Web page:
Native Deodorants: Sell or Swell?
(6 pages of text)
Case (Pub Mat)
The founder and chief executive officer (CEO) of the direct-to-consumer deodorant startup Native Deodorant (Native) had grown the brand to one million active users in about two years. The company was founded in 2015 in San Francisco and had disrupted the deodorant industry by offering all-natural deodorants direct to consumers through its website. By cutting off retailers from the value chain, the CEO had created a feedback loop that helped him have an agile and iterative approach to his business. In 2017, he received an offer from the Procter and Gamble Company to buy his one-and-a-half-year-old startup for US$100 million. He faced a tough predicament: he could continue to leverage the business model of Native and grow to the next million customers, or he could sell to P&G for a nine-figure payday. What should he do?
This case is appropriate for undergraduate- and graduate-level courses on marketing management or entrepreneurship. The case focuses on the disruption of a decades-old mature industry by a new entrant through disruptive innovation on product development and delivery. The case can be used to teach concepts of customer centricity, customer insights, strategic opportunities, and competitive disruption. After working through the case and assignment questions, students will be able to do the following:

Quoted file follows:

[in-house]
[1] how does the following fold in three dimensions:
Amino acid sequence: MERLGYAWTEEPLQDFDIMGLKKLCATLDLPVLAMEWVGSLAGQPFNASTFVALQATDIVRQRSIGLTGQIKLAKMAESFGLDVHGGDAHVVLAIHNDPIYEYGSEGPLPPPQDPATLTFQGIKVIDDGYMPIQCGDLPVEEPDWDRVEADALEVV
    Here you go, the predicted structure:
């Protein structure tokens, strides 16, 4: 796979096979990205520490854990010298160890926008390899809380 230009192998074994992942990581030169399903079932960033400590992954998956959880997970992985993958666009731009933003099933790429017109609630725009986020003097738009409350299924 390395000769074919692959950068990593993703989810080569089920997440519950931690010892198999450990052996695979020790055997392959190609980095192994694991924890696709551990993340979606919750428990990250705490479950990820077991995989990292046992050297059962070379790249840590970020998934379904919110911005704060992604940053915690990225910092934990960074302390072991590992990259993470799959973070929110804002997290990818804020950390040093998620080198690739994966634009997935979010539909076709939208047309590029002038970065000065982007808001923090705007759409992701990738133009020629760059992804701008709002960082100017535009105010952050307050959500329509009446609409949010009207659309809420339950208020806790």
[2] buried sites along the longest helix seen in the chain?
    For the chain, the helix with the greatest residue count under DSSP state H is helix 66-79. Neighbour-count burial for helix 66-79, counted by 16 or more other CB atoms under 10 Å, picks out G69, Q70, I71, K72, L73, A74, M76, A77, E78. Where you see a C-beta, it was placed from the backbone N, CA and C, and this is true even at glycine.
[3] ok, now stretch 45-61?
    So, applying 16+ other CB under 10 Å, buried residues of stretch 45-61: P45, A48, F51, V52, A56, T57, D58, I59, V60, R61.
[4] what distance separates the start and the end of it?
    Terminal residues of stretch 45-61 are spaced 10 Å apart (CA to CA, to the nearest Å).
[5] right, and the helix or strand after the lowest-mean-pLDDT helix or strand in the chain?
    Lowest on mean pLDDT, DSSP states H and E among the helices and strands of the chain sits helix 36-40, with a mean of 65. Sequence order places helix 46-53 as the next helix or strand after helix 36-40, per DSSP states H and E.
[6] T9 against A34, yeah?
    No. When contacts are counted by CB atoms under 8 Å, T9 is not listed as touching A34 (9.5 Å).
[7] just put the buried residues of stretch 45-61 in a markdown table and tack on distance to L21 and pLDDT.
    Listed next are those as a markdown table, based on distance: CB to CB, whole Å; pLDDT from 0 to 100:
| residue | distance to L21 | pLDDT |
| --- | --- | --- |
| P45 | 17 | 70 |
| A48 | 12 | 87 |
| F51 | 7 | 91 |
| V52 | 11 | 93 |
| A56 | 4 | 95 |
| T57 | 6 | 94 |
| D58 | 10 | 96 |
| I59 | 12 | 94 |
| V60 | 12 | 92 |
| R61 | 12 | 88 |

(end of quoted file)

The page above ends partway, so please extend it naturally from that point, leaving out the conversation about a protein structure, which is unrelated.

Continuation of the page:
- Define an organization’s business model and identify the key drivers of success and competitive advantages.
- Understand the vitality of customer centricity in developing sustainable business models.
- Realize the application of agile processes in marketing.
- Integrate digital disruption with market-focused planning and strategies.
United States, Small, 2017
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